Our schools are a scan­dal

CAPE

Weekend Argus (Saturday Edition) - - COMMENT -

IN RE­PLY to Helen Zille’s ar­ti­cle “Why I am back­ing Mot­shekga” (Week­end Ar­gus, July 20), politi­cians and of­fi­cials are ac­count­able to the peo­ple they serve.

South Africa has a his­tory of suc­ces­sive il­le­git­i­mate and le­git­i­mate gov­ern­ments that have pro­tected politi­cians and se­nior of­fi­cials who do not do their jobs. The of­fi­cials lower down have to bear the brunt of so­ci­ety’s dis­sat­is­fac­tion.

I can men­tion ex­am­ples ad nau­seam, and the most re­cent in­volves the ANC and the DA clos­ing more than 2 000 schools since 2000. No politi­cian has ac­cepted re­spon­si­bil­ity for this blun­der. The Western Cape Ed­u­ca­tion Depart­ment (WCED) is pre­pared to waste tax­pay­ers’ money de­fend­ing its ir­ra­tional de­ci­sions on school clo­sures.

Helen Zille was called upon to stop clos­ing schools but she in­di­cated that she would not tol­er­ate op­po­si­tion (much like Ba­sic Ed­u­ca­tion Min­is­ter Angie Mot­shekga).

Ed­u­ca­tion MEC Don­ald Grant and head of ed­u­ca­tion Penny Vin­jevold are not be­ing held re­spon­si­ble.

It comes as no sur­prise that Zille sup­ports Mot­shekga. In a ra­dio in­ter­view, Mot­shekga was asked whether she sup­ported the WCED in build­ing new class­rooms at for­mer Model C schools. She was af­fir­ma­tive in her an­swer, ar­gu­ing that th­ese schools pro­duced good aca­demic work and should be able to ac­com­mo­date more pupils.

Zille ar­gues that ed­u­ca­tion is a provin­cial com­pe­tency. She brags about the fact that only in the Western Cape will all chil­dren have a good text­book in ev­ery sub­ject by next year. Is this some­thing to be proud of ? As ed­u­ca­tion­ists it is our duty to be con­cerned about ev­ery child in the coun­try. The high and mighty re­sponse from provin­cial politi­cians will not achieve this.

The man­ner in which Mot­shekga has treated Equal Ed­u­ca­tion is an in­di­ca­tion that she is not pre­pared to with­stand op­po­si­tion.

Most poor schools have not re­ceived sched­uled main­te­nance, such as paint­ing, since 1993. Most lack ba­sic in­fra­struc­ture. It is not un­usual to find that schools for the poor which have ex­isted for 50-plus years still have pre­fab­ri­cated or mo­bile units.

How long must poor schools wait? An­other 50 years? I do not agree with Zille that it is im­pos­si­ble to meet the ex­pec­ta­tions of poor stu­dents. Here I see a sim­i­lar­ity in Zille and Mot­shekga’s think­ing: The poor can wait.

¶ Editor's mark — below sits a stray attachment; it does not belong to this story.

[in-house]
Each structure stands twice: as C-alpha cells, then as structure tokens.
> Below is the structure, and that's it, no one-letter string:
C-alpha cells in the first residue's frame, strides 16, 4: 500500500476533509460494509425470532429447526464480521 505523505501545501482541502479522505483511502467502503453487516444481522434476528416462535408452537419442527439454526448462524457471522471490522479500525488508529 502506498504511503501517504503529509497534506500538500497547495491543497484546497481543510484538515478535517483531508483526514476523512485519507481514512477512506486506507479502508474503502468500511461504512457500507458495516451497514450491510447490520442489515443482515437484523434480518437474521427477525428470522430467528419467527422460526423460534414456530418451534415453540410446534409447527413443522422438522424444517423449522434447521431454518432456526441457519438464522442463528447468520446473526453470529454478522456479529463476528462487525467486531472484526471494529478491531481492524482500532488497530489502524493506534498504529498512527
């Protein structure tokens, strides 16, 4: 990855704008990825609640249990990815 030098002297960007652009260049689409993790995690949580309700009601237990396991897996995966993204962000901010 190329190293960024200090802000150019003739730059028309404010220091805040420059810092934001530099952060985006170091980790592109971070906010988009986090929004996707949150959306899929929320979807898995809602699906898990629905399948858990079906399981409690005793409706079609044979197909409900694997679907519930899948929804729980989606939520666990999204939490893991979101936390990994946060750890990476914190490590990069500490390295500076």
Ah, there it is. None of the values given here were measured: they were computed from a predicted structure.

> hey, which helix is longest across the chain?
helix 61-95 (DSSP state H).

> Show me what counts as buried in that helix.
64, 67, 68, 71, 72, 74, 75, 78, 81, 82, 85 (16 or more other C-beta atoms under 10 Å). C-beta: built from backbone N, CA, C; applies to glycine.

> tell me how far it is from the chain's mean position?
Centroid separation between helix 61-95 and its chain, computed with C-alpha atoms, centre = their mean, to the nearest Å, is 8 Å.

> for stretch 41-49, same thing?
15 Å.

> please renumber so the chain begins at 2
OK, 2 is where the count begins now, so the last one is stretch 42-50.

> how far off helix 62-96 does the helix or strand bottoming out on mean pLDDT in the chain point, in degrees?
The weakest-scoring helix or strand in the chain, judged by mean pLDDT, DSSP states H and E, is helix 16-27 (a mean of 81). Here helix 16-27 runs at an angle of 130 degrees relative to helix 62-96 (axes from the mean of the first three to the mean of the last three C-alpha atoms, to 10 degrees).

Mot­shekga must have her fin­ger on the pulse of ed­u­ca­tion. She has a whole bu­reau­cracy of politi­cians and of­fi­cials work­ing for her.

Surely she must in­ter­vene when stu­dents do not re­ceive text­books or if there are so-called ex­cess teach­ers “dou­ble-parked” at schools in the Eastern Cape. Surely she should stand up to teacher unions that take de­ci­sions that are not in the in­ter­ests of stu­dents.

Zille was MEC for Ed­u­ca­tion when teach­ers were strug­gling to come to grips with the il­log­i­cal phi­los­o­phy of out­comes-based ed­u­ca­tion. Be­sides lis­ten­ing to the com­plaints of teach­ers she did noth­ing to get rid of OBE.

Mot­shekga and Zille miss the point. Cur­ricu­lum As­sess­ment Pol­icy State­ments (Caps), or, as some ed­u­ca­tion ac­tivists have coined it, Con­tin­u­ing Anti-Ped­a­gog­i­cal Syn­drome, still con­tains the heart of OBE – as­sess­ment.

Teach­ers are still be­ing forced to as­sess ev­ery­thing, which bor­ders on triv­i­al­ity. It does not al­low the teacher to spend qual­ity time teach­ing. Why does the govern­ment not ad­mit that OBE did not work and was a tragic fail­ure? Then per­haps our ed­u­ca­tion would im­prove tremen­dously.

Blun­der­ing politi­cians like Mot­shekga and Grant must go. WESTERN Cape Pre­mier Helen Zille’s ar­ti­cle “Why I am back­ing Mot­shekga” was about how the ef­forts of Mot­shekga to turn round our ed­u­ca­tion sys­tem, par­tic­u­larly in town­ship schools, have been largely thwarted by the de­struc­tive po­si­tion adopted by the SA Demo­cratic Teach­ers Union (Sadtu) and provin­cial ad­min­is­tra­tions over­spend­ing on far too many teach­ers.

There can’t be any union that has be­haved in a more un­demo­cratic man­ner. The an­swer? Well, Amcu is demon­strat­ing it in the min­ing in­dus­try. So who is pre­pared to start a ri­val?

It was mag­nif­i­cent of Zille to take the time and ef­fort to tell us the truth about Mot­shekga, an ANC min­is­ter af­ter all.

What a demon­stra­tion of good­will to­wards the legacy of Nel­son Man­dela that Zille was able to write such an ar­ti­cle about an ANC min­is­ter, most likely with­out a sec­ond thought, only the truth be­ing of con­cern to her.

Com­pare this ar­ti­cle with the ac­tiv­i­ties of the ANC leader in the Western Cape, Mar­ius Frans­man, and the Cosatu leader in the prov­ince, Tony Ehren­re­ich, whose ma­jor in­ter­est is to make the Western Cape un­govern­able. What can pos­si­bly be more of a be­trayal of Man­dela’s legacy?

Do they re­ally be­lieve peo­ple don’t no­tice? We’ll see at the next elec­tion.

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